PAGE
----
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Welcome to my weblog. My name is Jeff Smith, I am software developer in Boston, MA and I was recently named a 2009 SQL Server MVP. Check in frequently for tips, tricks, commentary and ideas on SQL Server and .NET programming.


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Wednesday, August 13, 2008

Why Single-Column Primary/Foreign Keys Can't Always Accurately Model/Constrain Your Data

A Simple Single-Child Model

Consider the following logical data model:
  • There are multiple Companies
  • Each Company has many Projects
  • Each Project has many Tasks
  • Each Task has a Status, selected from a global list of pre-defined Statuses.

  Status   Companies
      \       |
       \      |
        \  Projects
         \    |
          \   |
           Tasks

Let us say that we decide that the primary key of Companies, Projects, Tasks, and Status are all Identity (auto-number) columns, since we would like to auto-generate primary keys for those tables.

So, we have something like this:

Table       Primary Key     Foreign Key References
---------   -----------     ----------------------
Status      StatusID        n/a
Companies   CompanyID       n/a
Projects    ProjectID       Companies(CompanyID)
Task        TaskID          Projects(ProjectID), Status(StatusID)

At this point, things work fine -- we can enforce full referential integrity with our identity primary keys. We can't necessarily eliminate duplicate data, but suppose that is not an issue and/or we have unique constraints in place.  Choosing to follow the "every primary key must be an identity rule" did not have any adverse affects and we have a nice, clean data model.

Parents with Multiple Children

Now, allow me to add one little wrinkle.  Suppose that the available Statuses for each Task is not defined globally, but at the Company level.  That is, each Company has its own list of Statuses to which a Task can be assigned.

     Companies
      /     \
     /       \
  Status   Projects
     \       /
      \     /
       Tasks

This means that the Status table now needs a Foreign Key reference to the Companies table (to indicate which Company each Status belongs to), giving us:

Table       Primary Key     Foreign Key References
---------   -----------     ----------------------
Companies   CompanyID       n/a
Status      StatusID        Companies(CompanyID)
Projects    ProjectID       Companies(CompanyID)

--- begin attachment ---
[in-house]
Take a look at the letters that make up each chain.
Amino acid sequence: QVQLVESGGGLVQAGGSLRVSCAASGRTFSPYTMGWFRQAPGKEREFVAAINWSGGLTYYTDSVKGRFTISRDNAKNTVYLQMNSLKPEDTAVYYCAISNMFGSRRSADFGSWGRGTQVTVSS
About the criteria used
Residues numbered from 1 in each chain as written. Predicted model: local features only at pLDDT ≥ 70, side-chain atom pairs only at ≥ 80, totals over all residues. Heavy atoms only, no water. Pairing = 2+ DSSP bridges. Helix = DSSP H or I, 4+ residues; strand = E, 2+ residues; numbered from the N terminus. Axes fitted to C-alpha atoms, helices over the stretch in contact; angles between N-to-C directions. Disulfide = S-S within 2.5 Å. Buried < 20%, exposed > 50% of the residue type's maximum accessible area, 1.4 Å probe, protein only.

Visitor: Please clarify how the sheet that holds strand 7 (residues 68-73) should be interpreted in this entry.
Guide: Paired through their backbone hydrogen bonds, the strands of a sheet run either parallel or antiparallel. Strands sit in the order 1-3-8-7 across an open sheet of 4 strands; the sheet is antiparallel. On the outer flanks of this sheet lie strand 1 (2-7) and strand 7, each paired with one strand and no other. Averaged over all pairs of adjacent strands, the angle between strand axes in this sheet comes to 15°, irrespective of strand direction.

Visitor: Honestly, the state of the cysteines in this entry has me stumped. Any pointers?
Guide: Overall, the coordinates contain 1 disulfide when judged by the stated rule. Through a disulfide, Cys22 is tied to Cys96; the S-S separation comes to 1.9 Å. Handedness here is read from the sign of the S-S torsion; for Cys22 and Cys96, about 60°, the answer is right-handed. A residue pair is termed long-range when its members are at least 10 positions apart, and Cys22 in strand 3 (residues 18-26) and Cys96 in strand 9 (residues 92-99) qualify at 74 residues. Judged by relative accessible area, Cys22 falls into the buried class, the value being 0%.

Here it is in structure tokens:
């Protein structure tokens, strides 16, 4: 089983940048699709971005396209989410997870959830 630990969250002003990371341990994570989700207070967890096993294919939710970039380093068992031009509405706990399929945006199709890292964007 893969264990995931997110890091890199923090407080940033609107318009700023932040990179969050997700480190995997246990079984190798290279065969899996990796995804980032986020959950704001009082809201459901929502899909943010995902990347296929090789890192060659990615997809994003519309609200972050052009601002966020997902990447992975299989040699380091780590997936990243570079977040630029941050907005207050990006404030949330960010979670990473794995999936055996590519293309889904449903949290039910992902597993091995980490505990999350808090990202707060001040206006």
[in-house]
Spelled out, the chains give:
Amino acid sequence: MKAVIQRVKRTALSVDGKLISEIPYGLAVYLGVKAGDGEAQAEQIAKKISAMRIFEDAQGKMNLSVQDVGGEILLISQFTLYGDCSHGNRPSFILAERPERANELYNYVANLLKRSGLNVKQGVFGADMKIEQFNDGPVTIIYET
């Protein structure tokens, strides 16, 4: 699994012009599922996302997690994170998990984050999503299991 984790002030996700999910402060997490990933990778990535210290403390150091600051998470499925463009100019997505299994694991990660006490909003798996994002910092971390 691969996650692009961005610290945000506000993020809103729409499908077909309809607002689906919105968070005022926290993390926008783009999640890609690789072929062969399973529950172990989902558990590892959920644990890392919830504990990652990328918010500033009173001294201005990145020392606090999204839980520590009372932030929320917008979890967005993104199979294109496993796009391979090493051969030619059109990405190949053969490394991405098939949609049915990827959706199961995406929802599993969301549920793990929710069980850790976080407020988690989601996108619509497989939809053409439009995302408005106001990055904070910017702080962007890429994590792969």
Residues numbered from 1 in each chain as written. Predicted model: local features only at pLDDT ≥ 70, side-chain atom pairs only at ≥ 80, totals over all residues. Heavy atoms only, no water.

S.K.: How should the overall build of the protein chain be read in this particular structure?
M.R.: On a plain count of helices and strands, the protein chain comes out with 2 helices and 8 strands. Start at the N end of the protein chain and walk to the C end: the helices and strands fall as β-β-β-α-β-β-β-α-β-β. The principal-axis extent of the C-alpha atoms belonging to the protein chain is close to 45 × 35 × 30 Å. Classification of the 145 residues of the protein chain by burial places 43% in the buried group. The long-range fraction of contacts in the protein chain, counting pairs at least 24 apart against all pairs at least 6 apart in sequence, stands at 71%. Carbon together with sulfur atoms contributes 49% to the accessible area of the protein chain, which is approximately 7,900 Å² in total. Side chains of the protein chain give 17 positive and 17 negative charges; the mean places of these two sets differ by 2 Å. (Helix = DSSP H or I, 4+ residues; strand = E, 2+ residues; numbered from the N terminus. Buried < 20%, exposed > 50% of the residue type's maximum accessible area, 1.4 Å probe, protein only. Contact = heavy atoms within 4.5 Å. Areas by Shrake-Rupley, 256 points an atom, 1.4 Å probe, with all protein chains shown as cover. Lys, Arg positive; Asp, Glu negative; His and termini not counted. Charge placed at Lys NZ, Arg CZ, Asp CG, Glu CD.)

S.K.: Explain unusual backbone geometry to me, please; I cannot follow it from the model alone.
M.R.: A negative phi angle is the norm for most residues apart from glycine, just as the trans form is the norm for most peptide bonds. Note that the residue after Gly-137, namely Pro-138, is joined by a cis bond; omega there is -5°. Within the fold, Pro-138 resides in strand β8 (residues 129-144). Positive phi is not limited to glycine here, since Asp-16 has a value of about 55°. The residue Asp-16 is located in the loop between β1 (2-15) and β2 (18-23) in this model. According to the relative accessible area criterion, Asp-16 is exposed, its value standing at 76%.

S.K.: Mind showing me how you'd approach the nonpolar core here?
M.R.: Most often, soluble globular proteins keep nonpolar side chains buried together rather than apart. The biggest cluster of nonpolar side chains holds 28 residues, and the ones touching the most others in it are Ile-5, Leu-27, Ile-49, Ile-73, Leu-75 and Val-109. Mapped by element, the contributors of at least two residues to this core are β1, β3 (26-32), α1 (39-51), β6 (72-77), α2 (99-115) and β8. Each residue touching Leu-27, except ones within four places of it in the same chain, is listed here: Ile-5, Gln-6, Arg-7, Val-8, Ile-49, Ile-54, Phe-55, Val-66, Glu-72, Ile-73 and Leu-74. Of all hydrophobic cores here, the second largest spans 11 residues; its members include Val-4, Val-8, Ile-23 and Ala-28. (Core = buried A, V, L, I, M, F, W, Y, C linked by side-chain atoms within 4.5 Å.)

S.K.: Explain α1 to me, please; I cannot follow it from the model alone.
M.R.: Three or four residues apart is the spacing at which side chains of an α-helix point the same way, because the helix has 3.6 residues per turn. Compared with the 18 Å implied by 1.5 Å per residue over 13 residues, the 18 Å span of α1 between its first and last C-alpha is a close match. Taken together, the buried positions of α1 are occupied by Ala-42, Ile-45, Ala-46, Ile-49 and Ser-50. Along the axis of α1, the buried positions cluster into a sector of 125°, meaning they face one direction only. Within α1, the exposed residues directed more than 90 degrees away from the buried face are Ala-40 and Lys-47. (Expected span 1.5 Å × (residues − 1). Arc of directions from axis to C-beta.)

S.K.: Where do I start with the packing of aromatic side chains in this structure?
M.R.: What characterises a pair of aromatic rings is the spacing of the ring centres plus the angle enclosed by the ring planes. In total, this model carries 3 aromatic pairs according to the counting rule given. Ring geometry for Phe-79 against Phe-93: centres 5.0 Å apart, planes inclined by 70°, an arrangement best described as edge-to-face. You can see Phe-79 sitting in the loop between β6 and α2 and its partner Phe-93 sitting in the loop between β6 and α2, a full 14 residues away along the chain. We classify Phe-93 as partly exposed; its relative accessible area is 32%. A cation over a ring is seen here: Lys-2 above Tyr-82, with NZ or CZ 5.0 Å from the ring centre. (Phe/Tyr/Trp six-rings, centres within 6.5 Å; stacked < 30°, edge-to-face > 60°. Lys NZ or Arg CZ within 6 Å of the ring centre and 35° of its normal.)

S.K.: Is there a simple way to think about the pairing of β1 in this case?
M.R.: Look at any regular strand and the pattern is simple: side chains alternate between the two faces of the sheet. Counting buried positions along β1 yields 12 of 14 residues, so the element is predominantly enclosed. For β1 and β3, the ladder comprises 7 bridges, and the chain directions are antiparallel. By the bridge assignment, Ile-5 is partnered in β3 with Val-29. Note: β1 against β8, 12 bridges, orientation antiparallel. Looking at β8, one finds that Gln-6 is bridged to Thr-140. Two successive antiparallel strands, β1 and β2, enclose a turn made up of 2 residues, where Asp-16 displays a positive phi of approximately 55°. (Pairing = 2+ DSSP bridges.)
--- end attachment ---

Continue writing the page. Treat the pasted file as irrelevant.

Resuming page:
Task        TaskID          Projects(ProjectID), Status(StatusID)

Are there any other changes we need to make to this data model?  Or is simply adding a CompanyID column to the Status table enough to facilitate this change?  Remember, our goal as always is full referential integrity using primary and foreign key constraints wherever possible.

Well, there is an issue:

Nothing in this data model stops us from assigning a Status to a Task that is not defined for that Task's parent company.   We have no way of enforcing this right now with our current constraints.  Our physical data model is flawed.  (This is also described a bit here.)

Identities Are Part of the Solution

This is very easily fixed, but it can only be done by violating the "all tables just need an identity primary key" rule.

First, remember this: just because an identity column is unique does not mean that that column cannot be part of a primary key.  So, even though maybe you decide that you really like integer primary keys for your Status table (when probably a simple CHAR(2) code is all you need), if Status codes are child entities of Companies then we can instead create a composite primary key like this:

Table          Primary Key             Foreign Key References
---------      -----------             ----------------------
Status         CompanyID,StatusID      Companies(CompanyID)

So now, with the two column primary key and one of those columns referencing another table, Statuses are truly a child entity of Companies.  Even though it seems that having a two-column primary key is not necessary since the StatusID column in itself is unique, you will see that to physically enforce the very simple logical model we are working with, it's required!

Now, just as Statuses are child entities of Companies, so are Projects.  And as with the StatusID column, we have a nice unique identity ProjectID column that is unique enough that it could be our primary key -- but it shouldn't be.  Once again, being a child entity of a Company, and with the goal of wishing to enforce integrity throughout our entire model, we find that the true primary key of our Project table needs to be a composite of CompanyID/ProjectID:

Table       Primary Key             Foreign Key References
---------   -----------             ----------------------
Projects    CompanyID,ProjectID    Companies(CompanyID)

None of this seems necessary yet -- why are we messing with our perfectly fine keys? -- but soon it will all make sense.

Looking at Tasks, we know we have a foreign key reference to Projects, and we know the primary key of Projects is now (CompanyID, ProjectID).  Also, remember that we changed our Status table as well to have a composite primary key including the CompanyID column.  Thus, we now know that we need to add a CompanyID column to our Tasks table to enforce these FK constraints:

Table       Primary Key     Foreign Key References
---------   -----------     ----------------------
Task        TaskID          Projects(CompanyID,ProjectID), Status(CompanyID,StatusID)

OK, so we are making our primary keys bigger when it doesn't seem necessary, and now our foreign key constraints are getting more complicated as well since they now involve multiple columns.

Why did we bother doing all this?

Because now we have full, complete referential integrity, that's why!

Examining the Results

With these changes in place, only Status codes belonging to a Task's Company can be assigned to that Task.  By propagating the CompanyID column down to our child tables, we have the column necessary to enforce full referential integrity as dictated by our logical model.

So, in the end, it looks like this: